Calories in vegetables

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2

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  • MikePTY
    MikePTY Posts: 3,814 Member
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    Yeah, for the most part. I'm gonna be honest, I'm not terribly concerned about how much lettuce, onion, or cucumber I eat. If a vegetable normally only has a few calories per serving, I'm not super strict about weighing and logging it. I may log a rough estimate, if anything. But there are plenty of other fruits and vegetables that have a measurable number of calories, and I make sure to log them. A calorie from a vegetable counts just as much as a calorie from anything else.
  • mmapags
    mmapags Posts: 8,934 Member
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    NovusDies wrote: »
    AnnPT77 wrote: »
    If one eats a material amount of veggies/fruits (say, the recommended 5 servings), but doesn't log them, one is giving up the opportunity to fine-tune weight loss rate that comes from having reasonably accurate calorie totals, or giving up a degree of accuracy in (eventually) using one's logged intake and weight loss experience to make a personalized estimate of maintenance calories.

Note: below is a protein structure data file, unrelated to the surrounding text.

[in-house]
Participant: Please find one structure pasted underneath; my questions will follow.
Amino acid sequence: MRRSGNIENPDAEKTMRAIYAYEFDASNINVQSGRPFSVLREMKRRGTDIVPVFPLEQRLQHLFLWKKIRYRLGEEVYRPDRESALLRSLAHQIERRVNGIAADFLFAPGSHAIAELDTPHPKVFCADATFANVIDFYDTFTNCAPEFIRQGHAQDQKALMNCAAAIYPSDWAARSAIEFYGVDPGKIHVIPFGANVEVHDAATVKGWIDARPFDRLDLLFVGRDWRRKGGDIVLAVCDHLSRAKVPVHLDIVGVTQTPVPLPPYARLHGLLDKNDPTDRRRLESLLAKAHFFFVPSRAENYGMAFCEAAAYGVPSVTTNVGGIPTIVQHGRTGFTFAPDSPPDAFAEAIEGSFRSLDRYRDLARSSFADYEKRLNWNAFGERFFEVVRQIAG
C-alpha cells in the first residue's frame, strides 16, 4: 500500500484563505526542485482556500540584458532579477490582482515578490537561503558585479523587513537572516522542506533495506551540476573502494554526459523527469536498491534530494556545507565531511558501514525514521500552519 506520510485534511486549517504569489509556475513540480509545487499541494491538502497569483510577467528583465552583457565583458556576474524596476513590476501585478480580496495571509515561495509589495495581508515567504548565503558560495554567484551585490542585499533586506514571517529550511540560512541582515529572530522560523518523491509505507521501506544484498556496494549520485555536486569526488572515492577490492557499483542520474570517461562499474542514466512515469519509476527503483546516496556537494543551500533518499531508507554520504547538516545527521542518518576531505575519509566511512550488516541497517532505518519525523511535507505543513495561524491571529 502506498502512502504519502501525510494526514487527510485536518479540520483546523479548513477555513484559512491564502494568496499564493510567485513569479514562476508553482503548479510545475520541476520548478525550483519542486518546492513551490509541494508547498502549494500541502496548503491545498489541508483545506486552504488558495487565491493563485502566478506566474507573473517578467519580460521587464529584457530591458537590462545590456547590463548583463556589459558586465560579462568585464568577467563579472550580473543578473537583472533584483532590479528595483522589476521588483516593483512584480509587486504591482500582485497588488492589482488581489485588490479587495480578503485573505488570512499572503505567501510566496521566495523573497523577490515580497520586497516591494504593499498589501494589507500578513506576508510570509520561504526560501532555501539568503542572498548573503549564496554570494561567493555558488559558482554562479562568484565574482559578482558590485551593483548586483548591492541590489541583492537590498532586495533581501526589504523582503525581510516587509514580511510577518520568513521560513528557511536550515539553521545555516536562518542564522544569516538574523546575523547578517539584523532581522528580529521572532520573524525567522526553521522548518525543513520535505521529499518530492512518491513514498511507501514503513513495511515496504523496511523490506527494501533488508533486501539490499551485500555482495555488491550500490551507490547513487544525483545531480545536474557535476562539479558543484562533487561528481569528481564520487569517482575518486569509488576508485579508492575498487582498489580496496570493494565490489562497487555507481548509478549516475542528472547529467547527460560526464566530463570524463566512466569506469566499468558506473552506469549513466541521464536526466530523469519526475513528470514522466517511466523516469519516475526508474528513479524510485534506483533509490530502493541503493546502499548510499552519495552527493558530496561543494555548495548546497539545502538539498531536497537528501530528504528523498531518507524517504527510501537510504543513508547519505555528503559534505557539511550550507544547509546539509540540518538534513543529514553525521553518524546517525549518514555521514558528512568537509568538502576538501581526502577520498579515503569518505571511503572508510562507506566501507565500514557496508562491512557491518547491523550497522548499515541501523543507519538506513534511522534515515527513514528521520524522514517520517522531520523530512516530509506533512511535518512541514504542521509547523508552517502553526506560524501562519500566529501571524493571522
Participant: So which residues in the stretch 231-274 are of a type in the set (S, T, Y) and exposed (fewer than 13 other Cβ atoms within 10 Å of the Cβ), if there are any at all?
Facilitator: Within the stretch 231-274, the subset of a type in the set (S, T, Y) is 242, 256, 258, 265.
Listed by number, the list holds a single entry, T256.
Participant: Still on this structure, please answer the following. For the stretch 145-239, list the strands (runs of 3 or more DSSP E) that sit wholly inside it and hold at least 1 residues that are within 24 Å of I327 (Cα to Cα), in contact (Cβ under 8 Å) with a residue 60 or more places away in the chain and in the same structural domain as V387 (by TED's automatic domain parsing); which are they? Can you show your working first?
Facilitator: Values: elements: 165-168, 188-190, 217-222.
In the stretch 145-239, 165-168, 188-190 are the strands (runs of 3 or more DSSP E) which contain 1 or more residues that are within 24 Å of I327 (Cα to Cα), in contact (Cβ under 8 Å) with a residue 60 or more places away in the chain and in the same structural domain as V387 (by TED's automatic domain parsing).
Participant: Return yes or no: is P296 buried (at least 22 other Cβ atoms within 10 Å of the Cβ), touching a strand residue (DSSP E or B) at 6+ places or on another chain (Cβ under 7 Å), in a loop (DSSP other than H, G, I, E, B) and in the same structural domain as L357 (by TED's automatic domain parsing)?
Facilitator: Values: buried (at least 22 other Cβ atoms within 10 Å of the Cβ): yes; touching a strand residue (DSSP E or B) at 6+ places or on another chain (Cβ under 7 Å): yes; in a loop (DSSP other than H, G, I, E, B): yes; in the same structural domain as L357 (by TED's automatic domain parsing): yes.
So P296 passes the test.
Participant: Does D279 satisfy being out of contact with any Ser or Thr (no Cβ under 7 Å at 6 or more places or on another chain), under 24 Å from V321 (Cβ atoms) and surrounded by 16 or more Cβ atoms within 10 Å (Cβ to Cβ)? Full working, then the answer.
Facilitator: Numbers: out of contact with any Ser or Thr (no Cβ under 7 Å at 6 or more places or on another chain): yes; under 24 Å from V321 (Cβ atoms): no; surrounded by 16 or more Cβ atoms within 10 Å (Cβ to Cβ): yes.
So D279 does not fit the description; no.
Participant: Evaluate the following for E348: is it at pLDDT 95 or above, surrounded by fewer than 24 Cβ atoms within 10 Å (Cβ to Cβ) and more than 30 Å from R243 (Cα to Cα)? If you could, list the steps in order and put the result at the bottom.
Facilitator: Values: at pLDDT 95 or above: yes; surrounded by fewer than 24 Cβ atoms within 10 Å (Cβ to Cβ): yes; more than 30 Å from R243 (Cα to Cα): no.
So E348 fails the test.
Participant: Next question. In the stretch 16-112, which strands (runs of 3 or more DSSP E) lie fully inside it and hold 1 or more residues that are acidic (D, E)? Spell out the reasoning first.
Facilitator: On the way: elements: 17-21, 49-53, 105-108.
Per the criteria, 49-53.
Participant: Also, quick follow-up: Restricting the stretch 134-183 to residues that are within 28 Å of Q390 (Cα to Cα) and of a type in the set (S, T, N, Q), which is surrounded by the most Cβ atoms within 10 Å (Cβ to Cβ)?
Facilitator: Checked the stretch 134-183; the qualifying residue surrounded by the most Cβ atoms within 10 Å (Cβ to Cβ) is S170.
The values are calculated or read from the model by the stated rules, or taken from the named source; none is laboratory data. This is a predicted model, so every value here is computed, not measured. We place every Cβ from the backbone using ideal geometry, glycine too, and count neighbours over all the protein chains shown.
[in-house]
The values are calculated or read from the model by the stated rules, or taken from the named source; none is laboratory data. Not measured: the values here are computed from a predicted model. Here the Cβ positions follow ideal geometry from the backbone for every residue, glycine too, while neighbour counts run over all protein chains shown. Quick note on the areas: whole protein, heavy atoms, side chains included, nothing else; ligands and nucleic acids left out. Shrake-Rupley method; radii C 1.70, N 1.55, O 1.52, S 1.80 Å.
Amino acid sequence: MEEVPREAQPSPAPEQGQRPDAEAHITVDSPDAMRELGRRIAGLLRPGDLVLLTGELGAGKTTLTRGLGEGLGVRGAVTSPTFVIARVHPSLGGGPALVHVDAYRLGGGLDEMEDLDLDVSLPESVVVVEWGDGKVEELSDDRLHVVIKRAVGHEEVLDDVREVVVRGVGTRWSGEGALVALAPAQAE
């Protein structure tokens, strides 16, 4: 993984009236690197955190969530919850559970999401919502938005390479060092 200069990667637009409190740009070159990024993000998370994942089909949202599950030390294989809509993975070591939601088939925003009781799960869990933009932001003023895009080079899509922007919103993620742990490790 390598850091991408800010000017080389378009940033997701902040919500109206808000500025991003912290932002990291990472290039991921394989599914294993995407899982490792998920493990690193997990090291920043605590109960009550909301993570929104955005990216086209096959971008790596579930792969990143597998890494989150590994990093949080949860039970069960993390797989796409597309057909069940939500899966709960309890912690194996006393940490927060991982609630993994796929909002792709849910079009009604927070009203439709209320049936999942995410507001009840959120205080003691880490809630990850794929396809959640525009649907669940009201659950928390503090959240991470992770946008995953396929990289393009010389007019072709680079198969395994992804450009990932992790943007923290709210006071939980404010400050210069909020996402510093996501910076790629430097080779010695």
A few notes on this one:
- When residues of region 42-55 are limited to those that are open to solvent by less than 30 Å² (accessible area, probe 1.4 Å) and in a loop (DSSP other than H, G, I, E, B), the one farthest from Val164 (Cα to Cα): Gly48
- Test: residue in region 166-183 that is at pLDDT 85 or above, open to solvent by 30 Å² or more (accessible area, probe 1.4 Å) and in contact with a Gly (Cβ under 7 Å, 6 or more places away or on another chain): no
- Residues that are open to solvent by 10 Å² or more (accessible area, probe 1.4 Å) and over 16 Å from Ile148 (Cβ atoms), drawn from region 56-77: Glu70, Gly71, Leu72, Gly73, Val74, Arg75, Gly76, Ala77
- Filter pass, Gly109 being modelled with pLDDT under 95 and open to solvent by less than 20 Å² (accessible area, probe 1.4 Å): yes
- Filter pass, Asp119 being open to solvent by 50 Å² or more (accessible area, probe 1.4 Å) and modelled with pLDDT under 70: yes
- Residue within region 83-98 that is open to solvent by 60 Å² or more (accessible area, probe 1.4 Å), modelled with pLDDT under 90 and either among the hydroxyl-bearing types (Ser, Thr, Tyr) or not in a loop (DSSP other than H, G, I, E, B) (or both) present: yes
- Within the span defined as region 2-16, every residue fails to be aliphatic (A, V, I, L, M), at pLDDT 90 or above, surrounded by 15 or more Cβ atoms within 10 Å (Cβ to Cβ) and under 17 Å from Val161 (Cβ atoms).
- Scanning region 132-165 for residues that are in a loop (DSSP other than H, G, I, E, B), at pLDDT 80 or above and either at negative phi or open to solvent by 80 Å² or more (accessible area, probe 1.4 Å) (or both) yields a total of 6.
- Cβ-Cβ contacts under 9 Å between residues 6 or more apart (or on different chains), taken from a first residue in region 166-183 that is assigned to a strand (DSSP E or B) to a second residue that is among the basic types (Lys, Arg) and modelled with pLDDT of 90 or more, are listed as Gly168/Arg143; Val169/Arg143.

Neither of those benefits is essential to a happy life, but for some of us it's enough (on top of general accuracy and interest in nutrient tracking) to make it worthwhile to track them.

    And for me, personally, I'm one of the people who often eats 10+ servings, so several hundred calories of vegetables daily (let alone fruits) isn't at all unusual.

    I stopped trying to figure out my vegetable servings. Now I just go by the number of pounds. However, if I went by 98 grams per serving I would be eating around 15 a day... not to outdo you or anything. :tongue:

    Show off!! :D
  • kimondo666
    kimondo666 Posts: 194 Member
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    Approximate vegetable counting is still better than no counting, so if ya dont have weight scale/ like eating in restaurant or outdoor. Still count.
  • NovusDies
    NovusDies Posts: 8,940 Member
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    AnnPT77 wrote: »
    NovusDies wrote: »
    AnnPT77 wrote: »